The 5p15 region containing TERT and CLPM1L genes was thought to be related to lung cancer risk by recent GWA studies in European [22, 2527], East Asian and African – American populations [23, 28]. The marker of lung cancer rs465498 [21] located in CLPM1L encoding the cleft lip and palate-associated transmembrane 1 like protein had strong contribution to our genetic risk model. Of the 38 SNPs included in our model, the β coefficient calculated by LASSO was from 0.0075 to 0.0535, this suggested that the genetic variants only show a small contribution risk in our risk prediction model when considered alone, and are of little value in the application.

Recently, several studies have been published that a better prediction could be achieved if we combined genetic determinants into traditional approaches to assess an individual risk [1012]. Weissfeld et al. [12] constructed a lung cancer risk prediction model and found that the area under the receiver operator characteristic curve improved from 0.717 to 0.725 when adding GWAS susceptibility regions to an age and smoking risk factor-only model. However, only six SNPs were included into risk prediction model. In our current study, more genetic variants were incorporated even though the performance of the risk assessment model was limited. The AUC increased from 0.610 to 0.697 when adding the 38-GRS to the smoking risk factor-only model in our discovery set.

This study has several notable strengths. First, this risk prediction model developed in our Chinese population and externally validated in both European and Asian populations, which means this model has a good extrapolation. Therefore, we are able to use the model to predict the risk of lung cancer among different ethnic populations. Furthermore, to our knowledge, this study constructed the risk prediction model by the system of screening and evaluating genetic susceptibility from the past papers that has high predictive ability accuracy. The 38-SNP GRS has public health utility by screening high-risk individuals. As shown in Table Table2,2, the risk for lung cancer in the highest GRS increases 131% compared with the lowest for combing Chinese and European populations. It can help us make a better decision about whether to be screened by locating themselves along the spectrum of lung cancer risk [29]. In addition, for never smokers the predictive value of the genetic model was moderate and for all population our risk model combining genetic variants with smoking factor can improve the ability of prediction significantly. Therefore, we use the risk model with GRS combining multiple loci to improve the identification of persons at high risk for lung cancer.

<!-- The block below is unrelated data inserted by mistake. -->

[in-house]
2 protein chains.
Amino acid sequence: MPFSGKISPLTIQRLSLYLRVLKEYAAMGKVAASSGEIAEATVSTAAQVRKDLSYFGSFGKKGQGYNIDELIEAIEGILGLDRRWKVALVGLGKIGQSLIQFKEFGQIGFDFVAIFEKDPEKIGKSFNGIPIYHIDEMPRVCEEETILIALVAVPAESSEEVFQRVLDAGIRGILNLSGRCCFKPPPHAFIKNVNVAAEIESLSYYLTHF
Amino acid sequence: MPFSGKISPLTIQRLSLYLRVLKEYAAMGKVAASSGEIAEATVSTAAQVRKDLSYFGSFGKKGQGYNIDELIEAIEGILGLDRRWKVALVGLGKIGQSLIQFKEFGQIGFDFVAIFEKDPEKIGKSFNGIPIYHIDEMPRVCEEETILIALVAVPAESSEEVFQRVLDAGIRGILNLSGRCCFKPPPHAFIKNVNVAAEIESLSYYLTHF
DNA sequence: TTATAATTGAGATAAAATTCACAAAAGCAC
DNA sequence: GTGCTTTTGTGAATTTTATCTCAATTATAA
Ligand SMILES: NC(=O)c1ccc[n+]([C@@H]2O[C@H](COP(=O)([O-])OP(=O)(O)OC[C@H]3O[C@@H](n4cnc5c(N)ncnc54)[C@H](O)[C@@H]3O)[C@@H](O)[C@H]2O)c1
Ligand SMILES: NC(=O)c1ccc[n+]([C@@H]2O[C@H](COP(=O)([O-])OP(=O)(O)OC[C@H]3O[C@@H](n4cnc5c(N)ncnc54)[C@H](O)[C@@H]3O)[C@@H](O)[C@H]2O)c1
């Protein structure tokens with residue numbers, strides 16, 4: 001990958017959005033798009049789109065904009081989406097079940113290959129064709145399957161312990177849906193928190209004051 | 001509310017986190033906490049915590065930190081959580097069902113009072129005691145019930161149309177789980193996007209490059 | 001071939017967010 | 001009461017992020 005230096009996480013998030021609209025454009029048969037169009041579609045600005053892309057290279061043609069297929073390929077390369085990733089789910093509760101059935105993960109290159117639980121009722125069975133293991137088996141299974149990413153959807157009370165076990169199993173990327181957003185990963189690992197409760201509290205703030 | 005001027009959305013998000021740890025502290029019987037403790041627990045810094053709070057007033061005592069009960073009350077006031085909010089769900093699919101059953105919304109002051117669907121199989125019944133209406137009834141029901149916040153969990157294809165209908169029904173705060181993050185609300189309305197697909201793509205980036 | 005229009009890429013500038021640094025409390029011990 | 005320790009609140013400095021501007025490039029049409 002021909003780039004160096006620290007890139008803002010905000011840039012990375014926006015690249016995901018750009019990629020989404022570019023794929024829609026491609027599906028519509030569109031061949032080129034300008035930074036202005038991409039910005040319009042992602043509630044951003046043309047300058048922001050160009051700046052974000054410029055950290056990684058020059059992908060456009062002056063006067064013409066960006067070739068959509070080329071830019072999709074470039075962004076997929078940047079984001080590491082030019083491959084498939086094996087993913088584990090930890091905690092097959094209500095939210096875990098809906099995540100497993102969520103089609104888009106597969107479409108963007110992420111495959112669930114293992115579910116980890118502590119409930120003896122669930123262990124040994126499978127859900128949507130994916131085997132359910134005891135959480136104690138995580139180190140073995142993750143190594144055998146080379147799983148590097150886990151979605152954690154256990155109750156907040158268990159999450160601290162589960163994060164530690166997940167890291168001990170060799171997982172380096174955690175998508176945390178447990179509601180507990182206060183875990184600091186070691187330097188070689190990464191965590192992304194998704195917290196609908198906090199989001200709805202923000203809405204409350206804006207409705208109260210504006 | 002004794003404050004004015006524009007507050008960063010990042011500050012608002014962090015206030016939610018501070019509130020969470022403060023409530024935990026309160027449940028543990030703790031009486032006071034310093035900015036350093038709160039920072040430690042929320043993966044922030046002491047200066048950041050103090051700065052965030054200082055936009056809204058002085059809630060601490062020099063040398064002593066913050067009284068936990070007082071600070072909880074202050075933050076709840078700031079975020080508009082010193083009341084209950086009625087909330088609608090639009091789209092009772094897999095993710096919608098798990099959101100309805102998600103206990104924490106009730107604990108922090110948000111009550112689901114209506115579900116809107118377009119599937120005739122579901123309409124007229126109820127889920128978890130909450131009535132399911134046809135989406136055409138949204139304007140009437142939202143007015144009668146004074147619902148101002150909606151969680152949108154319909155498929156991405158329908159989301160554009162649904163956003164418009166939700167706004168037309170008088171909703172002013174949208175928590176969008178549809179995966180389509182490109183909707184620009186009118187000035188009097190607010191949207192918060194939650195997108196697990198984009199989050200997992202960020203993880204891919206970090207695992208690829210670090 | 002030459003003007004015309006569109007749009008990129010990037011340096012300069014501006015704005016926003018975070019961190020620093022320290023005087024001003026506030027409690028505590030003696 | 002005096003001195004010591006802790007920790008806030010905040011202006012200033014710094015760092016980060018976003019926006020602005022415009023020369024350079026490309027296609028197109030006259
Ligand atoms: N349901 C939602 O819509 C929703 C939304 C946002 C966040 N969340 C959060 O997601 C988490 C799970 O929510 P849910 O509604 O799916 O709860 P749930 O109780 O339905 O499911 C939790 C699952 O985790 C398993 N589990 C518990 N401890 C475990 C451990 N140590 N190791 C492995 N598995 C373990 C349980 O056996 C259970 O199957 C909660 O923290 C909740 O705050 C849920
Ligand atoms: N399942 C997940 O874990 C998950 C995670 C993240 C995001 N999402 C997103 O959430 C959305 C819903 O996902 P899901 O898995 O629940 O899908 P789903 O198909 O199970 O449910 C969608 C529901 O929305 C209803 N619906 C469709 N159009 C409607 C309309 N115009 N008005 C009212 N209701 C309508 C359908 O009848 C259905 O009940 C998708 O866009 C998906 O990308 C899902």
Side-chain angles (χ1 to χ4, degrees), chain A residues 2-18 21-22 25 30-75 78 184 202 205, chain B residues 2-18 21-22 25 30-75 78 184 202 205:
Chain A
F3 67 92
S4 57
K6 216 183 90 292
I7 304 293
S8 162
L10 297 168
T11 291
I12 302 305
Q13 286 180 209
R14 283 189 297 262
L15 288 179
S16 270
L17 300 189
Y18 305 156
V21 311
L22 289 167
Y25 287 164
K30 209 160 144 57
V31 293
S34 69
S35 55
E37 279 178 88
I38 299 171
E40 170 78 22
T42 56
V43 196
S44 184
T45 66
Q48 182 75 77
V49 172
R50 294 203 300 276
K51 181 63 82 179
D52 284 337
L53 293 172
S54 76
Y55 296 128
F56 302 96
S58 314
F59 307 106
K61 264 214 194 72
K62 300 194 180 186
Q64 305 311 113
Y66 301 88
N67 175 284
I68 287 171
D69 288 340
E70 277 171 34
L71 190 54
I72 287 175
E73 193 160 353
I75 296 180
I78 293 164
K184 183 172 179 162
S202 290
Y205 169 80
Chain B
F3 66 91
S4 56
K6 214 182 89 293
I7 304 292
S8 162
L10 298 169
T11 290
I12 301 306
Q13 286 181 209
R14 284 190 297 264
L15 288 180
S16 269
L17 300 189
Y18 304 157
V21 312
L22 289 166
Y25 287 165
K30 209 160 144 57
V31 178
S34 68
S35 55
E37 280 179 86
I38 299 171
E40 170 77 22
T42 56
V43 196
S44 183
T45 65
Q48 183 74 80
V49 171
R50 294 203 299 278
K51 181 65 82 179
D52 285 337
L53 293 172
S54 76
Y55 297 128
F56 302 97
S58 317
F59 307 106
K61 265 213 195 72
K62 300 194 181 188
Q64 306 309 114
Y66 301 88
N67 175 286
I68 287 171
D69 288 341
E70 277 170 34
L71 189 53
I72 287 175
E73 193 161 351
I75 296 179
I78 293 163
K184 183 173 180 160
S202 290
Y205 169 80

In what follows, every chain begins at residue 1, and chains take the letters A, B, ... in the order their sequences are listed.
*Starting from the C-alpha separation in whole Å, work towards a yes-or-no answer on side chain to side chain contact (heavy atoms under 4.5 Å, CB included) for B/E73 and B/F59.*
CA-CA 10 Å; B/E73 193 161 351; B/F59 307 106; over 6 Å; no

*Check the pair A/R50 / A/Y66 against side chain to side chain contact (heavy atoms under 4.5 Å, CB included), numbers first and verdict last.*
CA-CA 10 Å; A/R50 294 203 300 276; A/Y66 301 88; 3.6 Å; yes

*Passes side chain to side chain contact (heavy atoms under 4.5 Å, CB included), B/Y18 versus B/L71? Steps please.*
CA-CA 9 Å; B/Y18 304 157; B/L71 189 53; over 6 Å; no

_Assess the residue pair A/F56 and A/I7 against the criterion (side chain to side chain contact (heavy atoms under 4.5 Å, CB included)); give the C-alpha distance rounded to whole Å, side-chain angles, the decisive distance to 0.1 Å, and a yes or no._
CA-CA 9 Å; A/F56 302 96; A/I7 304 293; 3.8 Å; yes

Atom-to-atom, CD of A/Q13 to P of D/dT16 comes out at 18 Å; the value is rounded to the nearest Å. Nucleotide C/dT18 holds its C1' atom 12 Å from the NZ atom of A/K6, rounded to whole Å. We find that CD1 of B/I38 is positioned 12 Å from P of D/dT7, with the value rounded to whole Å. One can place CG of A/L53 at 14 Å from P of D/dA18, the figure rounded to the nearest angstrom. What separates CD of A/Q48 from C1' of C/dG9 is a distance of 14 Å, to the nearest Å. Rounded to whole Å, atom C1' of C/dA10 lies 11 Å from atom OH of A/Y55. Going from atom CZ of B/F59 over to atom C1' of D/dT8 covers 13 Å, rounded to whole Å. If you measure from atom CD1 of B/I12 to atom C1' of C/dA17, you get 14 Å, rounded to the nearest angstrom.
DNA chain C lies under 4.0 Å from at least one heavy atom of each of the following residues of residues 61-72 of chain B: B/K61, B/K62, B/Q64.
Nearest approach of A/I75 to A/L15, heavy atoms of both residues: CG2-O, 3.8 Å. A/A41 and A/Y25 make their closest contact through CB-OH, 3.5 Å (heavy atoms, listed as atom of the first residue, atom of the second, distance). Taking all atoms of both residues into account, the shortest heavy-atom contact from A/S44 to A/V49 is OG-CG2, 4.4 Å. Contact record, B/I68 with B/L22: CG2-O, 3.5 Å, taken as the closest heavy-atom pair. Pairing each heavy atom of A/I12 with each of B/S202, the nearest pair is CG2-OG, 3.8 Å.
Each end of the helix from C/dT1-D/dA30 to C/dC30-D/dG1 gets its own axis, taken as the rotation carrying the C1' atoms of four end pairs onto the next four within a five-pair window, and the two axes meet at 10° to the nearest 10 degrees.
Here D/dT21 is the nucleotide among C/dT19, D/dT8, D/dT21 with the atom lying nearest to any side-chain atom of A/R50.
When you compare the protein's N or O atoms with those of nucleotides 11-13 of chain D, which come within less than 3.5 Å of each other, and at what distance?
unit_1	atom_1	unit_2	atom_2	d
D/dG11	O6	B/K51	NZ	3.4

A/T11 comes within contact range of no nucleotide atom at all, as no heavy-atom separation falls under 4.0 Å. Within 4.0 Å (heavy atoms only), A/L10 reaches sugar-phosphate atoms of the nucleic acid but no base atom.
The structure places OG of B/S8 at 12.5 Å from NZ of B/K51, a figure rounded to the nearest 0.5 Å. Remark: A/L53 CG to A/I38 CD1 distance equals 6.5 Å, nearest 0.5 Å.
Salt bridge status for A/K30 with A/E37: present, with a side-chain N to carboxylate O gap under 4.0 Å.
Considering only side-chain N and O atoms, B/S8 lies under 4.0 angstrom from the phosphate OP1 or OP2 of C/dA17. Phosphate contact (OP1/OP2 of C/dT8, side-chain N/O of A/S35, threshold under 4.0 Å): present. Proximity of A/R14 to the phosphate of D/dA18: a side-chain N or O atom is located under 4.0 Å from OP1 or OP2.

However, some limitations in our study should be noted. This research only included smoking statue as the traditional non-genetic factors, which led to the poor discrimination. Some other studies, such as Spitz MR et al. were concentrated on the data of other clinical information such as family history of lung cancer and asbestos-exposure besides of tobacco smoke [18]. Moreover, GWAS and candidate-gene studies mainly focus on common proxy SNPs with many rare and low frequency loci or copy number variants for lung cancer to be discovered. Combing these additional variants might result in improvement in classification of lung cancer risk.

In conclusion, this is the first attempt to explore the risk predictive effects of genetic risk factors associated with lung cancer in both Chinese and European populations. In our study, 38 genetic variants identified by GWAS or candidate-gene strategies were used to construct the risk prediction models. Risk predictive models that incorporate both a genetic risk score based on these SNPs and smoking factors for lung cancer may be useful in identifying high-risk populations for targeted cancer prevention. More genetic risk variants and other epidemiological factors should be well evaluated and incorporated into the risk-predicting models to improve the ability of personalized risk assessment.

MATERIALS AND METHODS

Study subjects

For the training set, derived from a lung cancer GWAS in NJMU (Nanjing Medical University) [21, 30] 2,331 lung cancer cases and 3,077 cancer-free controls were enrolled in this model; for the testing set, 1,937 cases and 1,984 controls were used to validate the risk prediction model, which were derived from NCI GWAS: Environment and Genetics in Lung Cancer Etiology (EAGLE) [25].

Subjects used in the two stages were genotyped using the Affymetrix Genome-Wide Human SNP Array 6.0 microarray [21, 30] and Illumina Human660W-Quad v1.0 DNA Analysis BeadChip platform (Illumina, San Diego, CA, USA) [25] respectively. To facilitate further analysis, imputation analysis were performed by IMPUTE2 software taking 1000 Genomes Project data (Phase III) as reference set. We implemented a 4-Mb sliding window to impute across the genome, resulting in 744 windows. A pre-phasing strategy with SHAPEIT software version 2 was adopted to improve the imputation performance. The phased haplotypes from SHAPEIT were fed directly into IMPUTE2.

Literature review strategy and SNP selection